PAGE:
Tuesday, March 31, 2020

March 2020's Monthly Reading Summary

Here we are at the end of March, which means I've posted my monthly reading summary.  And I even got the Index updated.


All ratings are on a scale of 1 (bad) to 5 (great).

My Fair Latte by Vickie Fee (Café Cinema Mysteries #1) – 4
Halley Greer has just inherited an Art Deco movie palace in the touristy town of Utopia Springs, Arkansas.  She’s decided to turn it into a classic movie theater that features coffee and wine as part of the snack bar options.  After weeks or hard work restoring it, she is ready to feature My Fair Lady on opening night.  However, during intermission, one of the patrons is found dead in his seat.  The police think Halley is a good suspect even though she is new to town.  Can she clear her name?

I really enjoyed this series debut.  The characters are fantastic.  We are making friends along with Halley, and they are a varied lot.  I felt we got to know them, and I look forward to spending time with them in future books.  The plot was a little slow to get started, but once it did, I was hooked on that as well.  I thought I had a couple of things figured out, but I was still surprised by some twists.  The suspects are just as strong as the series regulars, and kept me guessing until Halley figured it out.  While I’m not much of a coffee or wine drinker, I was drooling over some of the food talked about in the book.  The book gives some hints about things to be explored in future books, and I’m already looking forward to my next visit with these characters.

NOTE: I received an ARC of this book.

Revenge is Sweet by Kaye George (Vintage Sweets Mysteries #1) – 4
Tally Holt has just opened a vintage sweets shop next to the basket shop operated by her best friend, Yolanda Bella, in the town of Fredericksburg, Texas.  Tally’s opened in time for tourist season, and she’s hoping that will give her new business a boost.  However, things get derailed when she finds a body in her kitchen.  The victim was Gene Faust, the mayor’s adopted son.  Gene didn’t have a good reputation, dating multiple women and borrowing money from all of them.  Yolanda was one of his victims, and her scissors are the murder weapon.  Can Tally and Yolanda figure out what really happened before one of them is arrested for the crime?

This book gets off to a good start, with several strong suspects before Gene even dies.  From there, we have fun watching Tally and Yolanda try to figure out who actually committed the crime.  The clues are woven into the story well, but one aspect of the plot is never fully explained.  Who killed Gene and why is solved, however.  The book is written third person from both Tally and Yolanda’s points of view.  These switches definitely help tell the story and are always easy to follow.  The characters could have been stronger at the beginning of the book, but we do get some development by the time the book is over.  This is the first in the series, and I’m sure the characters will get stronger as the series progresses.  There is a recipe at the end for one of Tally’s specialties – homemade Twinkies.  This is an entertaining debut in what could turn into a series as addicting as Tally’s sweets.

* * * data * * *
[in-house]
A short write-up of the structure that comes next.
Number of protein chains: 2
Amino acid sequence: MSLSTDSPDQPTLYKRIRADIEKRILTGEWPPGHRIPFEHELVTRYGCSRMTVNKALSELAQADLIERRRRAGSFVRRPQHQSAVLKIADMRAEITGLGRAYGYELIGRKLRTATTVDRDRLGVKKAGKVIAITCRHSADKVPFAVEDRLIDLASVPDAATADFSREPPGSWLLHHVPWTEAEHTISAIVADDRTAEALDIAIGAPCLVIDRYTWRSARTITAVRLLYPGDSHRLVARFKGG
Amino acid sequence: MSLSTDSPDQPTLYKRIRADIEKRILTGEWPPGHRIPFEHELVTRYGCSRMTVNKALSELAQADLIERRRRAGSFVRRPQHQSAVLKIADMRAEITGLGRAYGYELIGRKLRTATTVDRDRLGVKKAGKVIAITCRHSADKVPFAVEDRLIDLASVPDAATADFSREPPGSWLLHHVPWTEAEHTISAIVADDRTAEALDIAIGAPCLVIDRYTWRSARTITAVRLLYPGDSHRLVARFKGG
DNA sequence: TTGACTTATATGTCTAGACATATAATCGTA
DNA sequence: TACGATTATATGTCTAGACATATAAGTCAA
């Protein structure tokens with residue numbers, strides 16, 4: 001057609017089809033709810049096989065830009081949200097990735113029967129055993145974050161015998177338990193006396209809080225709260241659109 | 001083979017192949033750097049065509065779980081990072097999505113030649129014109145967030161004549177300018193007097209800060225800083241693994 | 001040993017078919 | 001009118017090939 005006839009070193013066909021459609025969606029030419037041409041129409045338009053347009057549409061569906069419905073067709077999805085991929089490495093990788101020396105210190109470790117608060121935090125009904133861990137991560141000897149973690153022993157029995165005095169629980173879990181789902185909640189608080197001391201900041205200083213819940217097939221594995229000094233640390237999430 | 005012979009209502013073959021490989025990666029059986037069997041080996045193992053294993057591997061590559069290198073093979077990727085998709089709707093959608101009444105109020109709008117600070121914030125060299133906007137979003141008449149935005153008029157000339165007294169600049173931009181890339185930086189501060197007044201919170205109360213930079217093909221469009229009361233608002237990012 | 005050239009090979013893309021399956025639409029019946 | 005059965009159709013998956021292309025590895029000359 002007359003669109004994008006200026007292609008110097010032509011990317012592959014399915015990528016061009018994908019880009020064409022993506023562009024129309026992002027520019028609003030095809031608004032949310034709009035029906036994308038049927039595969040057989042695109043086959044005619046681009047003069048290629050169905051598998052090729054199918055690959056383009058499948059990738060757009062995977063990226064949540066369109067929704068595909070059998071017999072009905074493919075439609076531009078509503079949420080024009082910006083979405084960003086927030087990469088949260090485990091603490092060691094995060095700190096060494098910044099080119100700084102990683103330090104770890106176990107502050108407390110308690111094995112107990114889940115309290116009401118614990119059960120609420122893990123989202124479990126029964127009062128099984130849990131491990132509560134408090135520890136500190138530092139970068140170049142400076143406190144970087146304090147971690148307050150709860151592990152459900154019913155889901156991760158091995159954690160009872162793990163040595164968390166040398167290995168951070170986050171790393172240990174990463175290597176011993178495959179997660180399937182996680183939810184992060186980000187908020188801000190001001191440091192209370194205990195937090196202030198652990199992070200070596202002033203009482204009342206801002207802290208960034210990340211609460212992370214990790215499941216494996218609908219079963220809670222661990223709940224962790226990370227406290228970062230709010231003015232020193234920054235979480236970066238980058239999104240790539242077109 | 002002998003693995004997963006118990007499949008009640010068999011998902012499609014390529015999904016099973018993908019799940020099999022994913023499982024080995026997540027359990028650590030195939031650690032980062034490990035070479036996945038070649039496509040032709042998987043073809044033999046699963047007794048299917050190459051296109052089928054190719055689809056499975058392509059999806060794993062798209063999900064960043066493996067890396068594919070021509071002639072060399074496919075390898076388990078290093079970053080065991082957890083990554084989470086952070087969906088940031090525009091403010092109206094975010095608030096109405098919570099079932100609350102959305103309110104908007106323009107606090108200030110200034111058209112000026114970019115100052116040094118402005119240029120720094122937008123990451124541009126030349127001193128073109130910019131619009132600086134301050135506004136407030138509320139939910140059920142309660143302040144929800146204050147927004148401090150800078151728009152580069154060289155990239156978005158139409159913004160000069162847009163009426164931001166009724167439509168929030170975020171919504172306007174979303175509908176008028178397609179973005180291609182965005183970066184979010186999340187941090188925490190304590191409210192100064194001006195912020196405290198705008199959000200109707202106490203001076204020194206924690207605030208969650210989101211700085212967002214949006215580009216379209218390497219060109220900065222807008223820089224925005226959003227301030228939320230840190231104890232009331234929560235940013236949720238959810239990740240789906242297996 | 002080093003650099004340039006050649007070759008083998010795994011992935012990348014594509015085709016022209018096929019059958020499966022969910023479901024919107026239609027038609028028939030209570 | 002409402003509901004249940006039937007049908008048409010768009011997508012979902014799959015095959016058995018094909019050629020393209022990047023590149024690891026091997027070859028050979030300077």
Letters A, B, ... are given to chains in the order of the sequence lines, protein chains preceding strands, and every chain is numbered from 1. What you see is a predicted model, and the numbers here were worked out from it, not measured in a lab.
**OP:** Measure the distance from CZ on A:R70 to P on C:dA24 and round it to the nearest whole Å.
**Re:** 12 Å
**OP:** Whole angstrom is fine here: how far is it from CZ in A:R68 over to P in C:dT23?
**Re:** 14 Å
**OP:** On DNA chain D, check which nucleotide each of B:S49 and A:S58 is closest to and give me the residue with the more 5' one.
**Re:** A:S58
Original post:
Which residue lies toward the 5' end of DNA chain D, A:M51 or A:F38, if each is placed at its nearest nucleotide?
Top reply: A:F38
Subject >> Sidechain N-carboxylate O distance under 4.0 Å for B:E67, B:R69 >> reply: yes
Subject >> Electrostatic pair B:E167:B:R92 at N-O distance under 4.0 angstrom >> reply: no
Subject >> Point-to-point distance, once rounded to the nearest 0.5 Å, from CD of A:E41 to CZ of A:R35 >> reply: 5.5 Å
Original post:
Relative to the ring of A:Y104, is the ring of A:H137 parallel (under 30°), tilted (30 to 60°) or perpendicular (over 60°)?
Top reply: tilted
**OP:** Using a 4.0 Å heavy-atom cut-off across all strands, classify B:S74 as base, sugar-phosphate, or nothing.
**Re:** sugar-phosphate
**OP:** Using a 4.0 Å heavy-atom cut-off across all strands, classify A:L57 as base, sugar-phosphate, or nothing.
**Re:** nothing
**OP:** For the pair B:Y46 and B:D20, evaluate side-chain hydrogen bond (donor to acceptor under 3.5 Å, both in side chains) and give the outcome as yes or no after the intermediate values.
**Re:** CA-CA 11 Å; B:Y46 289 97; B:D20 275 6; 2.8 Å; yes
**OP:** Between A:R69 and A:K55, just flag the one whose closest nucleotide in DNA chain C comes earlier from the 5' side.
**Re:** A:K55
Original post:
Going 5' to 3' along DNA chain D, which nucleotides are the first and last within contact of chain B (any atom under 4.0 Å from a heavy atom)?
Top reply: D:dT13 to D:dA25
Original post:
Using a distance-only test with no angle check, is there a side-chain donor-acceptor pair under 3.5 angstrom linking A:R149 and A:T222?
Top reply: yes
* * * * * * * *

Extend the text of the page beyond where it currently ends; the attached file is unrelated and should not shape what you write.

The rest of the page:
NOTE: I received an ARC of this book.

Lost Hills by Lee Goldberg (Eve Ronin #1) – 5
Thanks to a well-time viral video, Eve Ronin has become the youngest person promoted to the homicide department of the Los Angeles County Sheriff’s Department.  Her new co-workers aren’t treating her with a lot of respect, so she knows she has to prove herself.  That chance comes when she and her partner, Duncan Pavone, are called to the scene of a crime in Calabasas.  A friend has called to report that Tanya Kenworth never showed up for work.  The house where Tanya lives is covered in blood in every room, but there are no bodies.  What could have happened to her?

Just as I expected, this book grabbed me from the first page and never let me go.  There were plenty of clues and twists to keep me engaged until I reached the suspenseful climax.  I did feel that Eve and her co-workers fell into genre clichés, but there are hints of more to them, and I hope we see that explored as the series progresses.  This book describes the aftermath of the crime and has more language than the cozies I typically read, but I expected that going in, and it never got too excessive.  There are some nice bits of humor to help lighten what is a mostly series story.  I’m already looking forward to Eve’s next story.

A Likely Story by Jenn McKinlay (Library Lover’s Mysteries #6) – 4
One of the things that librarian Lindsey Norris does as part of her job is take requests to the residents who live in the islands off the coast of Briar Creek, Connecticut.  And that’s what she is doing this cold February day with the help of her ex-boyfriend, Sully.  Their first stop is Star Island, the home of brothers Stewart and Peter Rosen.  The brothers are recluses, and Lindsey knows to never leave the dock – Stewart will meet her there.  This particular afternoon, Stewart doesn’t come to meet her.  After waiting a few minutes, Lindsey and Sully can’t help but feel that something is wrong, so they venture up to the house to investigate.  Inside, they find one brother dead with no sign of the other.  Did one brother kill the other?  Or is something even more sinister involved?